Johathan Lee-Mars

Becoming a facilitator of global interaction and conflict management

Jonathan Lee-Mars had taken charge of small groups of children and led a college class to complete a project, but he’d never led a detachment of eighty AFROTC cadets before. During his week of command, he coordinated a campus parade in two groups to demonstrate the discipline and prestige of the US Air Force to the students of San Diego State University, hopefully attracting new recruits. He delegated various tasks and worked out meticulous timing. The cadets had to look sharp, but Jonathan felt confident that his efforts would pay off. And then “a certain major” ran over the time allotted for his presentation by an hour, completely throwing off the schedule Jonathan had worked out so carefully. If the cadets looked foolish and disorganized, the PR effort would be a disaster, and Jonathan’s ratings would suffer, coloring the rest of his AFROTC career. He moved swiftly to contact the appropriate people, and hastily modified the schedule. The cadets wound up being unaware there had been a glitch. Jonathan learned he had to be confident to inspire confidence, to be organized, and, especially, to be flexible.

As a cadet, he was quoted as saying, “It may be hard and difficult, but everything worth getting must be earned. Keep your head up, keep it proud, and learn as much as possible.” He learned much from his AFROTC experiences, and Jonathan sees that the world will need new leaders who are willing to take the reins and get things done. He aims to play a role, but the world is changing, and he doesn’t see his personal future with the military.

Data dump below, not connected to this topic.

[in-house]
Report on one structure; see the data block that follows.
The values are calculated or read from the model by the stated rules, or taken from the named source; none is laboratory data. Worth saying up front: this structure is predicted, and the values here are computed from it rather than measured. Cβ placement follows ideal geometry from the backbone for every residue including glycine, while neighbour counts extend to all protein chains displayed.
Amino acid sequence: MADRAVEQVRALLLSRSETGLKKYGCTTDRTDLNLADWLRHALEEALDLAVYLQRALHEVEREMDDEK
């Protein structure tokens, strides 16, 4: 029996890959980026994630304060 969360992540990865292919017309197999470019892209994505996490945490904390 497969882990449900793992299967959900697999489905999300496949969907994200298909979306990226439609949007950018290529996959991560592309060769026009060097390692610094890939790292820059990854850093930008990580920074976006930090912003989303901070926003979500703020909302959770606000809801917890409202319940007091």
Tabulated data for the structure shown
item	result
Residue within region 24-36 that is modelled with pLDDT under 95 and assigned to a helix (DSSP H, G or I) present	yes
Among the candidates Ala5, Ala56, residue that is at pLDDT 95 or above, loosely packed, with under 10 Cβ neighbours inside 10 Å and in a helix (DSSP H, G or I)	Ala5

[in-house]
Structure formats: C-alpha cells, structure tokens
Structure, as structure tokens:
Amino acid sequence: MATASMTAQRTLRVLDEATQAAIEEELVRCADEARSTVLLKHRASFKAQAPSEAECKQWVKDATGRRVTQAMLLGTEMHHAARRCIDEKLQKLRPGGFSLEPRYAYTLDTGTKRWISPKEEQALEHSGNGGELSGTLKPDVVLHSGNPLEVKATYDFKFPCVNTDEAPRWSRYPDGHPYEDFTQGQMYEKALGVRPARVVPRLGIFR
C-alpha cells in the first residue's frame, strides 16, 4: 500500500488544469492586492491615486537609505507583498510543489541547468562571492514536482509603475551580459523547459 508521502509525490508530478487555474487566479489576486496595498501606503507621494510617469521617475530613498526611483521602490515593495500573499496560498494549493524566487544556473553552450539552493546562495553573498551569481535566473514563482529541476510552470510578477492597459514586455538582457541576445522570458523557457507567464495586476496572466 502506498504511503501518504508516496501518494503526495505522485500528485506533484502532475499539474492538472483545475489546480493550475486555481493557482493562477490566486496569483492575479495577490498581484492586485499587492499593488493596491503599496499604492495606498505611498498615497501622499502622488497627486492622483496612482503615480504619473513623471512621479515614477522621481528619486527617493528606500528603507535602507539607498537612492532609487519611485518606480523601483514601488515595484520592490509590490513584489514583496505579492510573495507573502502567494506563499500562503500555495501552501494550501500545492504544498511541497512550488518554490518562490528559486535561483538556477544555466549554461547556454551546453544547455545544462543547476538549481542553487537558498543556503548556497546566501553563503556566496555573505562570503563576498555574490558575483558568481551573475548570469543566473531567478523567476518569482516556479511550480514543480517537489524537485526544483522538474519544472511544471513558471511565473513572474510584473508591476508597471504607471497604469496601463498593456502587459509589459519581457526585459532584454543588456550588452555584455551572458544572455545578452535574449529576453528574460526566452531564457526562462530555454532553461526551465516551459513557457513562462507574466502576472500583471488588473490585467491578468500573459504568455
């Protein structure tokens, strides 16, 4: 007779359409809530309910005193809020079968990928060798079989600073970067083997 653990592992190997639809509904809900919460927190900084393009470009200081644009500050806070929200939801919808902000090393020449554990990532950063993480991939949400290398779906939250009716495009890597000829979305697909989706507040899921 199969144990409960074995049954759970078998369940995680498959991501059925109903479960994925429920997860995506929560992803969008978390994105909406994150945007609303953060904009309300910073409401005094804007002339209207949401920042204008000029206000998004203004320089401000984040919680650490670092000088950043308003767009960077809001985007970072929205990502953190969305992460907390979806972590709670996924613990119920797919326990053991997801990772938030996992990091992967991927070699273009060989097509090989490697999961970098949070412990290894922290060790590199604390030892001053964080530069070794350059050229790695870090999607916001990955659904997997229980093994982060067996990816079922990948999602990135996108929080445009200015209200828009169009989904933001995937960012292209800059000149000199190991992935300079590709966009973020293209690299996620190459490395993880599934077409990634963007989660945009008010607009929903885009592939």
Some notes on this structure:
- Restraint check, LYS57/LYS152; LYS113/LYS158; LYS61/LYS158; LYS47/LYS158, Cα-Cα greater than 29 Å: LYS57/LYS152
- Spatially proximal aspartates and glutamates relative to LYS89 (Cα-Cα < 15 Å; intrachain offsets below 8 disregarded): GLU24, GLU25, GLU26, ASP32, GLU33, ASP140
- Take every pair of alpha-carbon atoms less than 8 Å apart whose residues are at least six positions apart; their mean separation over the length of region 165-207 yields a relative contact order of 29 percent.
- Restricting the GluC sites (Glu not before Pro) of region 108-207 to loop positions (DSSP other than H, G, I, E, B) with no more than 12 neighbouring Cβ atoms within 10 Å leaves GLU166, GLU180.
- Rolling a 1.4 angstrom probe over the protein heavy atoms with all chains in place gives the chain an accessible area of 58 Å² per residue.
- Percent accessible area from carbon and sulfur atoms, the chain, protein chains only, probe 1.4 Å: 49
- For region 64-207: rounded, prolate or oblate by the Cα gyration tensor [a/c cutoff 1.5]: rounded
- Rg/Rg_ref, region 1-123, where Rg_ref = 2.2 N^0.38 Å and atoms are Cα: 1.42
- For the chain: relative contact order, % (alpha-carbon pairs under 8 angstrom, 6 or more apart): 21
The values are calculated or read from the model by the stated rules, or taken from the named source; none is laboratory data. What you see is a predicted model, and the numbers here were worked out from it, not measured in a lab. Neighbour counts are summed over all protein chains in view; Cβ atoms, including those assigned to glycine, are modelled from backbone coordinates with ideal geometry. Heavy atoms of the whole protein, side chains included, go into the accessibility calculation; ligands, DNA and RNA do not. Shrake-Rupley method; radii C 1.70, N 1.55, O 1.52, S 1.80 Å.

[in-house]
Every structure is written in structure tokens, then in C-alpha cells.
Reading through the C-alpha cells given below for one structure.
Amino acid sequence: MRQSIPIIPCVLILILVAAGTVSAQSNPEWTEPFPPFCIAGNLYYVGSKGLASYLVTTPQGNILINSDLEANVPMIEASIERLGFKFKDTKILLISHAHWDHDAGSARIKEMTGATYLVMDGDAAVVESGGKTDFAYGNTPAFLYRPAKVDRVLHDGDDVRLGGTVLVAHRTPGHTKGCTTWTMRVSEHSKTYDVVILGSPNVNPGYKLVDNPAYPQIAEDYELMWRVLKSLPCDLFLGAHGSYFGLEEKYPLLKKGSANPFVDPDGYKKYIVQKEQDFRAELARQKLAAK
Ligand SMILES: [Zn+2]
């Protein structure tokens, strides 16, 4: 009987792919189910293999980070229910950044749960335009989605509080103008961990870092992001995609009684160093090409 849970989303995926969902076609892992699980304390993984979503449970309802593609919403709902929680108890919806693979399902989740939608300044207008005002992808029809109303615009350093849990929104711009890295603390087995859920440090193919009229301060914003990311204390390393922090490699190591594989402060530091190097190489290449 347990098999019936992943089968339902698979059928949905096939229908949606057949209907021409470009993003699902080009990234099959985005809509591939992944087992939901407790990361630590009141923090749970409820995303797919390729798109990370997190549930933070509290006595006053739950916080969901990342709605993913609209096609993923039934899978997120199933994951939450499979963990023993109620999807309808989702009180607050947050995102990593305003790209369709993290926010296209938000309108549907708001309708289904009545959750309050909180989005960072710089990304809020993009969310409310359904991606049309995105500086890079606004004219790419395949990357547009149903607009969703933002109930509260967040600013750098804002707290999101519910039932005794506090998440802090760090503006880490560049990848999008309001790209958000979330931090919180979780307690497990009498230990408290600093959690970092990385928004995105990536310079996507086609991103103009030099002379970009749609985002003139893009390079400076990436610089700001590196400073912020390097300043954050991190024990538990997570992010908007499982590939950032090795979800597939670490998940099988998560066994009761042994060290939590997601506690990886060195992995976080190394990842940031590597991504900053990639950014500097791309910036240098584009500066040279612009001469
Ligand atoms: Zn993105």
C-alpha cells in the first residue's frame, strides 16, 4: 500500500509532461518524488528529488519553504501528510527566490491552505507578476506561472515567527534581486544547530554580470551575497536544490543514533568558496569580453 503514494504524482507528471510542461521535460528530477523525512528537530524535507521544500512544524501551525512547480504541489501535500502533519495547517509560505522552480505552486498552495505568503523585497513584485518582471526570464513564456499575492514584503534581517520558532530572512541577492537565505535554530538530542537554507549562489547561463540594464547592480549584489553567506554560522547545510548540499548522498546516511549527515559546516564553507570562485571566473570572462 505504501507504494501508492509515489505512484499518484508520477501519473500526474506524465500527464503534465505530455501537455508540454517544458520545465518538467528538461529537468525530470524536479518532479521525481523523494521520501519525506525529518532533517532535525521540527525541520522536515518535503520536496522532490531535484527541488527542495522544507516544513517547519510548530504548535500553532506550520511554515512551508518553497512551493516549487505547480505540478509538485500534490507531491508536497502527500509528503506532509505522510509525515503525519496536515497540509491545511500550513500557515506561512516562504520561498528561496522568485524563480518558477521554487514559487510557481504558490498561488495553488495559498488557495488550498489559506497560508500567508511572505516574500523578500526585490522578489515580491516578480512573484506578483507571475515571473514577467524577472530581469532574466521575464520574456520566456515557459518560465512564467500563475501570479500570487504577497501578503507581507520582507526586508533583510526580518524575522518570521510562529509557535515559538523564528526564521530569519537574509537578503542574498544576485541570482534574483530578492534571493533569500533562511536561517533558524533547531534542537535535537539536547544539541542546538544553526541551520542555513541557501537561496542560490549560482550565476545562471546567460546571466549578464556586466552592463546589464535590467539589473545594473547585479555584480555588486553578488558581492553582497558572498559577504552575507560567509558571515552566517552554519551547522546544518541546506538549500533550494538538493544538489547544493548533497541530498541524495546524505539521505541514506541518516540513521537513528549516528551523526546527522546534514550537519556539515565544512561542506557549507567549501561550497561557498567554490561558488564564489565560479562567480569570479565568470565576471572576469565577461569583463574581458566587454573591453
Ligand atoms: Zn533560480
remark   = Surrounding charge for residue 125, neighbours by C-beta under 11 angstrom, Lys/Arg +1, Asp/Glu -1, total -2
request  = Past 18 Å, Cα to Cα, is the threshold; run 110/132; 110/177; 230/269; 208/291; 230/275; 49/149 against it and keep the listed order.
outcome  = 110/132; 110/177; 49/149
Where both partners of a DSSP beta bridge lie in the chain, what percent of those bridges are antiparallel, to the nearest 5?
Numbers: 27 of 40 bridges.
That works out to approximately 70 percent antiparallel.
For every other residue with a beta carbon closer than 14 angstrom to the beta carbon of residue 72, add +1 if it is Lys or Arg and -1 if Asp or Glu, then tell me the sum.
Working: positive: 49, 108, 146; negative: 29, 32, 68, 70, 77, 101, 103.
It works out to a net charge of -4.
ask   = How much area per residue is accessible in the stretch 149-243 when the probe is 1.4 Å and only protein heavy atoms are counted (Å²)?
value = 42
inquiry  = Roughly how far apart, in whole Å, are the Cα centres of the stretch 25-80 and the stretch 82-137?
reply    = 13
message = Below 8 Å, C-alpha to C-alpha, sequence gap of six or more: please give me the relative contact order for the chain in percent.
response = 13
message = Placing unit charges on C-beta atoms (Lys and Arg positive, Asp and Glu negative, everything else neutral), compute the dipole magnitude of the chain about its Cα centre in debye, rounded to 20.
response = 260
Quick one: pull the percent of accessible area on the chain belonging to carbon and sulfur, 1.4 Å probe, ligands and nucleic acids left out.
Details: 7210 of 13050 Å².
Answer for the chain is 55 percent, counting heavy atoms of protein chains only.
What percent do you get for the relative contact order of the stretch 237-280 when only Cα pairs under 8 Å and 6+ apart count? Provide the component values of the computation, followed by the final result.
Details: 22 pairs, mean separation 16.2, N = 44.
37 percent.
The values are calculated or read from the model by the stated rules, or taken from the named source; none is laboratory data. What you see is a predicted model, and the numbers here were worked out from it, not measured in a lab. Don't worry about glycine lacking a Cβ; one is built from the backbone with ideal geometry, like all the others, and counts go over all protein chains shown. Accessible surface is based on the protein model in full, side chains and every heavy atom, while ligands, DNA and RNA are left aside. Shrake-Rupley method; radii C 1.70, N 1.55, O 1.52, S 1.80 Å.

Jonathan also worked as an assistant in the Student Computer Center at SDSU, helping students with library and computer needs, maintaining printers, and bridging gaps between students and staff. He met a wide variety of people from different cultures and soon realized his suburban limitations. He longed to expand his horizons. In keeping with this vision, he is majoring in political science and government and minoring in Mandarin Chinese. “It’s easy for Americans to forget that we live in a world, not just a country,” Jonathan says, but he sees an outlook that discounts China, India, and the developing international markets as a relic of the past.

He resonated with Thomas Friedman’s concept that the distance between countries is quickly shrinking. “The actions taken by the Iraqis and Chinese and the French will eventually have an effect on my life, directly or indirectly,” Jonathan says, and in a world of so much global interaction, conflicts of interest are inevitable. Therefore the need for international conflict management will become increasingly essential. “Who better for the job than myself?” he asks, going into his senior year at SDSU.

Upon graduation, Jonathan looks ahead to teaching English in Shenzhen, Guangdong, China, followed by enrolling at Santa Clara University as a law student where he hopes to specialize in International law and International Taxes.